Silver-Russell syndrome (version Dec. 12th 2013)
(Russell-Silver syndrome, OMIM 180860)
Paternally expressed genes are labeled in blue and maternally expressed genes in red. The cytogenetic abnormalities associated with SRS are highlighted.
by David Monk and members of the EUCID.net
Silver Russell syndrome is a rare congenital developmental disorder that is clinically and genetically heterogeneous. Diagnosis is based on variable presentation of classical characteristics including pre- and postnatal growth failure, relative macrocephaly, frontal bossing in young age, triangular face, hemihypotrophy and fifth finger clinodactyly. Different diagnostic scoring systems have been proposed which incorporate the major features and utilize numerous minor anomalies for confirmation of diagnosis, such as feeding difficulties, excessive sweating, low-set/posteriorly rotated ears and café au lait patches.
However, a standardized scoring system does not exist. Furthermore many of the phenotypic features are non-specific, making clinical identification of SRS difficult. Therefore a major aim of this COST action is unifying clinical diagnosis, initially through the creation of a clinical utility gene card (Eggermann et al., 2011).
The first molecular abnormality observed in SRS was the identification of maternal uniparental disomy of chromosome 7 (mUPD7) accounting for 5-10% of individuals (Kotzot et al., 1995; Preece et al., 1997). This observation suggests the aberrant dosage of imprinted genes, however the precise gene(s) involved remain elusive. Chromosome 7 harbors several imprinting clusters; the GRB10 cluster at 7p12, a region duplicated in rare SRS-like individuals (Monk et al., 2000; Joyce et al., 1999), the PEG10 cluster at 7q21 and the interval surrounding MEST at 7q31, a region associated with segmental mUPD7 and paternally derived deletion (Hannula et al., 2001; Eggerman et al., 2012).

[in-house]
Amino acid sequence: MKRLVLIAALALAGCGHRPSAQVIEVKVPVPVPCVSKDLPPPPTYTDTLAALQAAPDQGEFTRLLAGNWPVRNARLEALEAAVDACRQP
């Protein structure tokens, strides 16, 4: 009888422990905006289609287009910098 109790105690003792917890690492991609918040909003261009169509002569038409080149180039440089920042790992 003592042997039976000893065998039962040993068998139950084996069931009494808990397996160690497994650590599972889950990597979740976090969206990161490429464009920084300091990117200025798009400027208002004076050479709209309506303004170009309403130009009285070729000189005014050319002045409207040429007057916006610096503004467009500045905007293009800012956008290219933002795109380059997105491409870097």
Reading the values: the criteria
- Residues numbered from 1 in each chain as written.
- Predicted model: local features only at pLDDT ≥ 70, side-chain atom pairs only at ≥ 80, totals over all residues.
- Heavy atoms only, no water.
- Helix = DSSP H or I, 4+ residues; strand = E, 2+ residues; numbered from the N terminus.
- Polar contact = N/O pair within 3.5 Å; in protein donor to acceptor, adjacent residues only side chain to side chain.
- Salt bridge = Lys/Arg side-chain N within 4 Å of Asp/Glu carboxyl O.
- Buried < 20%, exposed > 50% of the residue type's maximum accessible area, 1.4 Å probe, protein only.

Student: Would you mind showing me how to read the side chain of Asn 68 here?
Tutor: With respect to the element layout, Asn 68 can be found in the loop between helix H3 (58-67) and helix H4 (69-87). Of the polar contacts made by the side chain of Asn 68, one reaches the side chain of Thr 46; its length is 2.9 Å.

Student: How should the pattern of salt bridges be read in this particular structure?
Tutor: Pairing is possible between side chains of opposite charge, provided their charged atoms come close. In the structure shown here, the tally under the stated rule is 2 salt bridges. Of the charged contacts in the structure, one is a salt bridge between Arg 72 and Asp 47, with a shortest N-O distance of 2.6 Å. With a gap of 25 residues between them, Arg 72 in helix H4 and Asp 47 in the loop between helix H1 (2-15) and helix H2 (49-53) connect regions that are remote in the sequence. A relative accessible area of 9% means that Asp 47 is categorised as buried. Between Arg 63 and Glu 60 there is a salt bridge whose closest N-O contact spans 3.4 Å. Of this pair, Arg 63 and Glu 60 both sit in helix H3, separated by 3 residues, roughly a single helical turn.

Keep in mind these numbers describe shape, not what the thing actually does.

Recently, abnormalities of 11p15, a locus also harboring imprinted genes, have been described. This region contains two separate imprinting clusters that are mechanistically distinct. The telomeric cluster (ICR1) regulated by the H19 differentially methylated region (DMR) and the KvDMR1 (ICR2), which regulates the long non-coding RNA KCNQ1OT1, and CDKN1C genes. Of note, cytogenetic and epigenetic disturbances of ICR1 and ICR2 are associated with the over-growth disorder Beckwith-Wiedemann syndrome (BWS). Hypomethylation of the paternally methylated ICR1, which is associated with a concomitant decrease in IGF2 expression, is the most prevalent defect in SRS. This epimutation accounts for approximately 60% of individuals (Gicquel et al., 2005; Netchine et al., 2007), although it has been reported to occur less frequently in some populations (e.g. an incidence of ~31% in Japanese patients) (Fuke et al., 2013). Interestingly the level of H19 hypomethylation has been shown to correlate with the severity of the phenotype in some (Bliek et al., 2006; Bruce et al., 2009), but not all studies (Wakeling et al., 2010). Although no isolated epigenetic defects of ICR2 have been described in SRS, an involvement of one of the imprinted transcripts regulated by KCNQ1OT1 is implicated in the disease. Maternally derived loss-of-function mutations of the CDKN1C gene are classically associated with BWS (Lee et al., 1997). However, gain-of-function mutations within the proliferating cell nuclear antigen (PCNA)-binding domain of this gene have been reported in both IMAGe syndrome, characterized by intrauterine growth restriction (Arboleda et al., 2012), and familial SRS (Brioude et al., 2013).
The upper panel shows the reciprocal imprinting status of H19 and IGF2 on human chromosome 11p15. The region upstream of the H19 promoter is methylated solely on the paternal allele. The maternal allele is unmethylated and acts as a CTCF-dependent insulator. The middle panel represents the situation in a Silver Russell patient with ICR1 hypomethylation, which results in biallelic expression of the non-coding H19 transcript and a concomitant loss of IGF2 expression from the paternal allele. The lower panel shows the opposite situation that occurs in ~ 10% of Beckwith-Wiedemann syndrome patients. Hypermethylation of the ICR1 leads to activation of the normal repressed maternal allele of IGF2, leading to a double dose of this potent growth peptide.